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Food is not just about nutrition and fuel for our bodies – it is part of our history, our culture, our family. Food is something that is meant to be enjoyed for the taste and pleasure it brings us – not only for the vitamins, minerals and fibre it provides (although very important!). Cooking, baking and eating are all ways in which we connect with others and care for ourselves and the people we love. Sometimes though, we tend to eat for the wrong reasons and it can actually become harmful. If your first thought when you are feeling stressed, anxious, upset, happy or angry is to eat something, you may be emotional eating.


But emotional eating can be a problem if:

  • It is your only coping mechanism
  • It is not actually helping you to cope
  • You feel guilty and ashamed every time you eat to cope with stress


Coping mechanisms are important strategies or activities that you use to deal with and process your stress and other emotions.


When food is used to numb or avoid feeling, eating becomes mindless without enjoyment. This makes it an ineffective coping skill and wont help you feel any better. Instead, slow down and pay attention. Make eating an active choice and be intention when you use food to cope with stress. Think about what food will make you feel better at that moment. Use all your senses to smell, taste and savour that food. This will help you use food and the act of eating in a positive way to feel better, without a side of guilt.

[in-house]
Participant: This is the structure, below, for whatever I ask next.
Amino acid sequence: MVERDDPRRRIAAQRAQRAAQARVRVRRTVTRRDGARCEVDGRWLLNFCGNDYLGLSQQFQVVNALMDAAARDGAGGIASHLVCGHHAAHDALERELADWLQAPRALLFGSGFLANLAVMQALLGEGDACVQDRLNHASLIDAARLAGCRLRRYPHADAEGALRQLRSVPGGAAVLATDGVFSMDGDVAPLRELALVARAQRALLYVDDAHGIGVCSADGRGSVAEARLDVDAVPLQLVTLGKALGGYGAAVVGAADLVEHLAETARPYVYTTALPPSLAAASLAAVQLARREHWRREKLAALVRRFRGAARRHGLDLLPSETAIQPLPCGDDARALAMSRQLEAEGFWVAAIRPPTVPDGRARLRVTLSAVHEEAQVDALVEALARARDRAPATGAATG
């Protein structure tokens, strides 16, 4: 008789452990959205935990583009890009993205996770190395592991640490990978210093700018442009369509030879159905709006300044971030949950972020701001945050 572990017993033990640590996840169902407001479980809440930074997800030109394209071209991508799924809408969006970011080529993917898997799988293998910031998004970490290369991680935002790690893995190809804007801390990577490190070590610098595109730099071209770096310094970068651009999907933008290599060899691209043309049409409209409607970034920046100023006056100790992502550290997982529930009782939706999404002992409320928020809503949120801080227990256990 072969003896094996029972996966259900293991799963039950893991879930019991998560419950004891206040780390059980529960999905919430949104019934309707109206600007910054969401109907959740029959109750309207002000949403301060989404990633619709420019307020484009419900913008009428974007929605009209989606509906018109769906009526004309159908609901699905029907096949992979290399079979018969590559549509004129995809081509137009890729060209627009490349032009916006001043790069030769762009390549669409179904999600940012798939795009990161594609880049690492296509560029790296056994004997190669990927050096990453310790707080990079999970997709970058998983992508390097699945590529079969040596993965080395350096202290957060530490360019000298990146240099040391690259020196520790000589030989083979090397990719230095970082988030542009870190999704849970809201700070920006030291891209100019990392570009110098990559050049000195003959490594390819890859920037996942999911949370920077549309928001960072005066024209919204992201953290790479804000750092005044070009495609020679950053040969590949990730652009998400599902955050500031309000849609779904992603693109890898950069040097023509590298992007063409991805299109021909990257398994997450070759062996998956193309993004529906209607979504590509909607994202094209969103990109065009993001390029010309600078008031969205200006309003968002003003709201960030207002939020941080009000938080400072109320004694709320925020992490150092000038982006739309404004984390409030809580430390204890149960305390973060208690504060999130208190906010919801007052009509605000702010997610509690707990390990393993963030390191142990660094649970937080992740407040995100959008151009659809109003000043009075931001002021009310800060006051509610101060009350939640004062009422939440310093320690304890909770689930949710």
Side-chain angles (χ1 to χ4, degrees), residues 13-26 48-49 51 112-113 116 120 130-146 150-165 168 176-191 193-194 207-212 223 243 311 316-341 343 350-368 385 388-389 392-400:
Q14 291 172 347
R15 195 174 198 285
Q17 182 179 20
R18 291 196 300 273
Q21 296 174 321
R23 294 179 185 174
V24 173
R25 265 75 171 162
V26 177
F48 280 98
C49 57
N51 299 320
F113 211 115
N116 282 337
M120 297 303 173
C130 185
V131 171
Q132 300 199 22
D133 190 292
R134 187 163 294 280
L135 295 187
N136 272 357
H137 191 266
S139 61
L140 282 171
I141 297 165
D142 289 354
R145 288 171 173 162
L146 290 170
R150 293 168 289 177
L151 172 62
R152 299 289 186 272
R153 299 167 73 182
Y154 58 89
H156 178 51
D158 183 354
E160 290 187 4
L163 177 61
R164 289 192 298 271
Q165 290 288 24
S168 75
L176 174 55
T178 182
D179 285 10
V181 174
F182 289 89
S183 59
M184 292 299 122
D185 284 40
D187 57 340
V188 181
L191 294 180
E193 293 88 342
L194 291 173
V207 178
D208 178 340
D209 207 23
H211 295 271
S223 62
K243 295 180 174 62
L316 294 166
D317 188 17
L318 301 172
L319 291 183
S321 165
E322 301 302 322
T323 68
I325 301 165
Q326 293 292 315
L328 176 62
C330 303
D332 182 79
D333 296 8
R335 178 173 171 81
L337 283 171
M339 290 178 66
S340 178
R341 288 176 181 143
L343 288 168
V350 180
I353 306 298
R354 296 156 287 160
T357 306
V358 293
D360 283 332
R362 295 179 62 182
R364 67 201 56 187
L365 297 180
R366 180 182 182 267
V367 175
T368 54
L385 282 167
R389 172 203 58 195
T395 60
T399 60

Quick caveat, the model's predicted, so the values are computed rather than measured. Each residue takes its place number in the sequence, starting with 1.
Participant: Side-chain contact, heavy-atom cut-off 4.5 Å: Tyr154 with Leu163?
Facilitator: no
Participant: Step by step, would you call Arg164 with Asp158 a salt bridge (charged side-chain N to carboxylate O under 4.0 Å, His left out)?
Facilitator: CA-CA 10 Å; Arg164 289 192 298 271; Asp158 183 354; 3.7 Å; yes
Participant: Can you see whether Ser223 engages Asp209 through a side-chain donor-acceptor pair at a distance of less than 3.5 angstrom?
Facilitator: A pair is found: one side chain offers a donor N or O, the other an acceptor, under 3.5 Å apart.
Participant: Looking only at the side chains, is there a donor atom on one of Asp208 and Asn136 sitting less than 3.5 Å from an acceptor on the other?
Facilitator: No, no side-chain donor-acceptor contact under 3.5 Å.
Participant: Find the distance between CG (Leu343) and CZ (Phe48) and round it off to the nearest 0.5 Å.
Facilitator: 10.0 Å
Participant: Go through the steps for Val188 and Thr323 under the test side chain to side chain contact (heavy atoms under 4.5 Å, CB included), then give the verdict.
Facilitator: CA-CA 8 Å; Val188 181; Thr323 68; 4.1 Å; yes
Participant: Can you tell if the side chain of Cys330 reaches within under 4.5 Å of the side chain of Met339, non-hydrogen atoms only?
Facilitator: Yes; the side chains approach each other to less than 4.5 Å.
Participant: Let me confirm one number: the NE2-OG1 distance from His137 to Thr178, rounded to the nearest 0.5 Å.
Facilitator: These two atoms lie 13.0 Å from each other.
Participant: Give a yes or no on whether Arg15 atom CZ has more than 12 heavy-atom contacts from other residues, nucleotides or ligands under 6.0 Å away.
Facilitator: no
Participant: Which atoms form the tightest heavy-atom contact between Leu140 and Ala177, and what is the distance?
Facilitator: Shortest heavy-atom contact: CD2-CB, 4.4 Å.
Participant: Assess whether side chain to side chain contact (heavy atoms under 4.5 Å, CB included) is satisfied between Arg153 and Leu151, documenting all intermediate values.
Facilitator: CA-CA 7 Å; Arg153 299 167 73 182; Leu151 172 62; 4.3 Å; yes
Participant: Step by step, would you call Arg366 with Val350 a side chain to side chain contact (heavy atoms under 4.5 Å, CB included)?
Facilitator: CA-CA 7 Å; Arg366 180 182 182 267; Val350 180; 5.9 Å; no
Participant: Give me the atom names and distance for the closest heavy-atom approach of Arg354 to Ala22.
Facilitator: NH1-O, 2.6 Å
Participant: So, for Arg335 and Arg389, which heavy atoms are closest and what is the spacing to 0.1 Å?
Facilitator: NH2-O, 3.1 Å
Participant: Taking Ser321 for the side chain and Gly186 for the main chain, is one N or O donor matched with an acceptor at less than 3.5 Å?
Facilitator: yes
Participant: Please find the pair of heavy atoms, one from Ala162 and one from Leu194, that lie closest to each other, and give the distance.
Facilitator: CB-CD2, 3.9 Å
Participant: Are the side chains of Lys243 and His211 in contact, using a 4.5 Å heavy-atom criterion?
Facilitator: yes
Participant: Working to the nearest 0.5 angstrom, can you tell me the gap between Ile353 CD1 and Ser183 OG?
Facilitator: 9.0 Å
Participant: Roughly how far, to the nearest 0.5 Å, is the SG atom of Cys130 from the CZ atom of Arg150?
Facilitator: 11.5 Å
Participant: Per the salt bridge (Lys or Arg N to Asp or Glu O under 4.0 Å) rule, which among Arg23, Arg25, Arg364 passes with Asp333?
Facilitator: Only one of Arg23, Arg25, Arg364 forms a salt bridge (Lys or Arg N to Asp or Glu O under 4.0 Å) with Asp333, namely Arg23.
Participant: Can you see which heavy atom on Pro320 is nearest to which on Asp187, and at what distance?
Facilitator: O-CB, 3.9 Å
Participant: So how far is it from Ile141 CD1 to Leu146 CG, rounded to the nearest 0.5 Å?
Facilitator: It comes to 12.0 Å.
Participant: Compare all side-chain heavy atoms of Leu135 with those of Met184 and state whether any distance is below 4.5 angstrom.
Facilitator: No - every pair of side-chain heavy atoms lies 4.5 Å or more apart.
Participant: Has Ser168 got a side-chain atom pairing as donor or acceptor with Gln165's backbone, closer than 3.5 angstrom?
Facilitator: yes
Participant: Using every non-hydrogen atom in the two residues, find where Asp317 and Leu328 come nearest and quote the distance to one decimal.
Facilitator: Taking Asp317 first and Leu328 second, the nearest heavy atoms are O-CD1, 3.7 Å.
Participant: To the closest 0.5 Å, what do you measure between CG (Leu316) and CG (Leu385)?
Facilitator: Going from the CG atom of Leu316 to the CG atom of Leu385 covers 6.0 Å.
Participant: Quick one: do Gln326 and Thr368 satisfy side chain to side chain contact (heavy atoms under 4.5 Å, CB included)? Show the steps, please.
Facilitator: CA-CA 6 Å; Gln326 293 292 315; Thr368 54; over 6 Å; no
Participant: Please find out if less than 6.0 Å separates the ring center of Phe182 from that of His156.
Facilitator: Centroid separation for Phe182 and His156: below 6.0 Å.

If you let your emotions guide your eating, you may feel disconnected from your natural appetite and have a hard time identifying when you’re actually hungry. Remember, there are always physical symptoms when your body is hungry – like a growling stomach and lack of energy.


Learning to listen to your body’s hunger signals is critical for overcoming emotional eating. Set yourself up for success by eating breakfast, lunch and dinner. And make sure your meals are nutrient dense, macronutrient balanced and made form real whole foods. When you nourish your body in a healthy manner, you empower yourself to listen to it too.


Another powerful tool to identify triggers for emotional eating is keeping a food diary. Track whether your feel physically hungry, what you ate and how you felt when you ate it. You might be able to identify a trend or pattern.


Whatever emotion you are feeling, and whatever you may be doing to overcome emotional eating it is important to note: asking for help isn’t a sign of weakness, but a strength. It is not realistic to expect that you can do everything yourself, so reach out to your friends, family and other healthcare professionals and ask for help when you need it.